If you read or saw British writer Road Dahl’s “Charlie and the Chocolate Factory” you know the author has a dark sense of humor but appreciates true goodness and cares about the underdog, favors dramatic situations but has an innate playfully naughty streak.
Now, add in a very young, precocious girl who would fight for what’s right, an English school dominated by a tyrannical headmistress, a pair of vulgar, stupid parents and a sweet, shy teacher – all of whom are performing to the energetic music and clever lyrics of Tim Minshin, the insightful book of Dennis Kelly, fabulous, contemporary choreography of Peter Darling and creative set design by Rob Howell – and you have the award winning “Matilda The Musical.”
After first opening in Stratford-upon-Avon in 2010 and in London’s West End in 2011, then on Broadway in 2013 where it won seven Oliver Awards and five Tony Awards, “Matilda’s” touring company is now attracting Dahl and theater fans across Australia and North America. Opened March 24 in Chicago, the show runs through April 10 at the Oriental Theatre, 24 W. Randolph St.
The production deserves all its awards and the touring cast is excellent. The problem is that even though the lyrics are witty and important but unless you are from England, hearing them well enough to appreciate them as separate, meaningful words is a challenge due to their being quickly sung and strung together with a strong accent. The majority of folks in the Chicago audience opening night were asking friends if they understood what was being said and sung.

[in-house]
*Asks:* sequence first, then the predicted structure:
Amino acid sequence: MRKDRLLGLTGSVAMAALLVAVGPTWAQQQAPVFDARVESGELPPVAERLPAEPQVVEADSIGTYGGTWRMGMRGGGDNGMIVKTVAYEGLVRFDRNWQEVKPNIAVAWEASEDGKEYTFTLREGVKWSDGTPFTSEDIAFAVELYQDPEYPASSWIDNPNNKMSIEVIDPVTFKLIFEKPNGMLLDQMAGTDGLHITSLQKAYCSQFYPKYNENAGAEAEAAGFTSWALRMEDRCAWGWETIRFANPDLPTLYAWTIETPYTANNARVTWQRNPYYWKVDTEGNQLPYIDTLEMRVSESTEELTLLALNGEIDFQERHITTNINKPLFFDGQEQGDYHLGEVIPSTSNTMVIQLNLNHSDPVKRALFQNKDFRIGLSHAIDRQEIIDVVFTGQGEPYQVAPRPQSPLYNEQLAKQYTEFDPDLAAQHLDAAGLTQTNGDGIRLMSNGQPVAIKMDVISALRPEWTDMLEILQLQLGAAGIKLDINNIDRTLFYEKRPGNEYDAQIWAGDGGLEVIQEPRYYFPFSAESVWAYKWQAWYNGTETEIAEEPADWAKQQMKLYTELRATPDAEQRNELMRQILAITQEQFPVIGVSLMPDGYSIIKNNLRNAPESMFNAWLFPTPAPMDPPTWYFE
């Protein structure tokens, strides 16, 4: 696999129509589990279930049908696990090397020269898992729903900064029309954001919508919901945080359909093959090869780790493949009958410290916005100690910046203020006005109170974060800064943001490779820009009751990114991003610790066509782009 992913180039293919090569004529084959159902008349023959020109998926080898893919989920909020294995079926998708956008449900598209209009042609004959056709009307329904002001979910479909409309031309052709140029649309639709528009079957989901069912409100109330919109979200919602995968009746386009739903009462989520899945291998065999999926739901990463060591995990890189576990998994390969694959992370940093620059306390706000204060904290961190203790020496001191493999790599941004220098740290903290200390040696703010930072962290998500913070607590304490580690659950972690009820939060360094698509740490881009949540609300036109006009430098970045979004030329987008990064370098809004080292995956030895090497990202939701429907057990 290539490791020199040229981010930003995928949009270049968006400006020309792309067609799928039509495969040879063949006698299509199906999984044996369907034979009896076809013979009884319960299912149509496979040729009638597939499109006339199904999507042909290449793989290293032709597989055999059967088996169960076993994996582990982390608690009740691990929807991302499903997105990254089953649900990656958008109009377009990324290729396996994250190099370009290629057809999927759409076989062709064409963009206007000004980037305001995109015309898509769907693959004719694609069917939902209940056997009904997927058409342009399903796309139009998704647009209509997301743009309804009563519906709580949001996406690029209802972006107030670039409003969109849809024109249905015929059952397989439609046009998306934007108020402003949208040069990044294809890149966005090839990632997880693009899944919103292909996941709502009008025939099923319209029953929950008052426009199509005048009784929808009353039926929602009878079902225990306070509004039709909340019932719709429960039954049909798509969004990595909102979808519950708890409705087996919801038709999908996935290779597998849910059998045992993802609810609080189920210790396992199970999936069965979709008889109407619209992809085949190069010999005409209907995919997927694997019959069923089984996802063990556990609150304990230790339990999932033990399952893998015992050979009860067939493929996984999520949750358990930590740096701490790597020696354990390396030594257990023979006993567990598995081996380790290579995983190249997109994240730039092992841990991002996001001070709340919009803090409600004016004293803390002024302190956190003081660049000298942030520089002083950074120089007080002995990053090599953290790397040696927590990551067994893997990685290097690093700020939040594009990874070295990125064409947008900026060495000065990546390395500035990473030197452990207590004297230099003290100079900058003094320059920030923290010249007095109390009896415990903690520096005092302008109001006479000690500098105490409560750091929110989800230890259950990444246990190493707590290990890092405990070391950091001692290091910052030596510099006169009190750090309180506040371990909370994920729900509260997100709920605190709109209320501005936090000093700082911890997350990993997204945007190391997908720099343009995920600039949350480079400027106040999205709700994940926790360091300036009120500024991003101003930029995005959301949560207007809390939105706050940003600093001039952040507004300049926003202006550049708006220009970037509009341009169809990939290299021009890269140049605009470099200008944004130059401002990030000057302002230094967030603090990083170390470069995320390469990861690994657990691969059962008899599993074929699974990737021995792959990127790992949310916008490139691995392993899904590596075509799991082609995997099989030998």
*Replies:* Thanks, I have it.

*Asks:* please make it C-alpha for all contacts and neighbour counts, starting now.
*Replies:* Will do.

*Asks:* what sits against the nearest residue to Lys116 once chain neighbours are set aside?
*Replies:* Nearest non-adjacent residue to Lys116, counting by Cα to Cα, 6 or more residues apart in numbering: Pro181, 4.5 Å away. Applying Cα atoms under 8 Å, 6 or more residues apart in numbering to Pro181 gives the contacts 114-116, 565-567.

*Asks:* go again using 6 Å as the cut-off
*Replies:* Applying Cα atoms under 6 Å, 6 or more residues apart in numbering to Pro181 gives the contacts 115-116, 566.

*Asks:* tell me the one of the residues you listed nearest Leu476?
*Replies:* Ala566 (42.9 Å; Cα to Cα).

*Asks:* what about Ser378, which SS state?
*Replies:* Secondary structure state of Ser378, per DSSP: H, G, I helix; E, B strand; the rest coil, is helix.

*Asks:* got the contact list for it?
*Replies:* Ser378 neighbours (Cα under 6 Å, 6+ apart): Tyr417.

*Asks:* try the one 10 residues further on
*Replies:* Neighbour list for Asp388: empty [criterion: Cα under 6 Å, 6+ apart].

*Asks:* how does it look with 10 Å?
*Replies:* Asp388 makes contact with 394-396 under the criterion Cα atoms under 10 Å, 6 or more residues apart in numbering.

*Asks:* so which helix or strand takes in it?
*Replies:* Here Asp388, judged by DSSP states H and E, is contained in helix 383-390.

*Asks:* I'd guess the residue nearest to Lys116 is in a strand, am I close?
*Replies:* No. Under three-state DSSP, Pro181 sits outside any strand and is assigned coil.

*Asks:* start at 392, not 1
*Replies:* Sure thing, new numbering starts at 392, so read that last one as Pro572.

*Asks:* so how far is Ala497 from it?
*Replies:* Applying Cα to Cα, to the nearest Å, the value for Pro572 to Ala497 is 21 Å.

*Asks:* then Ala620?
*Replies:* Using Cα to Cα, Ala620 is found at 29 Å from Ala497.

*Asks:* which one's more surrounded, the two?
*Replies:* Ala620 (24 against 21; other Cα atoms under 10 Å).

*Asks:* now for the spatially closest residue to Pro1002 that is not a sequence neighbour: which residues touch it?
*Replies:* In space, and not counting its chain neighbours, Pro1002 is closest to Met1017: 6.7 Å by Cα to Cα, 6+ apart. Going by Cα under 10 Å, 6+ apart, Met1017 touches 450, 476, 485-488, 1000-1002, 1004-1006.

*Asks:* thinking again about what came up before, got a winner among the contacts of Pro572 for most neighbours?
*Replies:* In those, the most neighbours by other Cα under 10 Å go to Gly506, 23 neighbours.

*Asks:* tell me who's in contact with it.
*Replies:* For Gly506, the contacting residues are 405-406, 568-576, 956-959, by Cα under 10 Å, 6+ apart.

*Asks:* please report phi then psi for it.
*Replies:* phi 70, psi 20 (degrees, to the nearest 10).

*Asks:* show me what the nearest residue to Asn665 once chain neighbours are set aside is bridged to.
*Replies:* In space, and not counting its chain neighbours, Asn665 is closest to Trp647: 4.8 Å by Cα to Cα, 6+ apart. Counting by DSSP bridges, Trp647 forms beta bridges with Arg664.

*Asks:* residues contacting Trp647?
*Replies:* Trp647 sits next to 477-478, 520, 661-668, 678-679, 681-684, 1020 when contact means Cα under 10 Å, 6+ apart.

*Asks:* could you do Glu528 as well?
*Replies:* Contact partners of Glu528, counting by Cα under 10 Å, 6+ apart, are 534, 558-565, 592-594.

The video on the Broadway in Chicago site helps so is useful before going to the show. Following the musical numbers listed in the program is also helpful.
When listening to Matilda (Lily Brooks O”Briant opening night, two other girls also play Matilda) sing “Naughty” listen for the part after “if you grin and bear it” because it goes on to say then nothing will change. And she wants to change her story. She wants to be loved, not verbally abused. She also adds you “have to be a little bit naughty.” Of course, if her father weren’t so stupid she probably wouldn’t have gotten away with some of her revenge naughtiness.
It’s easier to understand the lyrics in “When I Grow Up” in the second act. Sung by the children and the teacher the music is slower and wistful.
And how often do we hear youngsters say what they will do when they grow up. Wishes here go from candy and reaching branches to climb a tree to being smart enough to answer questions and strong enough to carry all the things they have to and brave enough to fight the creatures under the bed.
Then there is “Revolting Children.” Psychotic Miss Trunchbull, the headmistress, calls the children revolting. But it’s the youngsters who in the end, revolt against her.
“Matilda The Musical” is a delightful show. I just wish I could have caught all the lyrics without having to resort to videos.
“Matilda The Musical” is at the Oriental Theatre, 24 W. Randolph St., Chicago, Ill., now through April 10, 2016. For tickets and other information visit Broadway In Chicago and call 800-775-2000.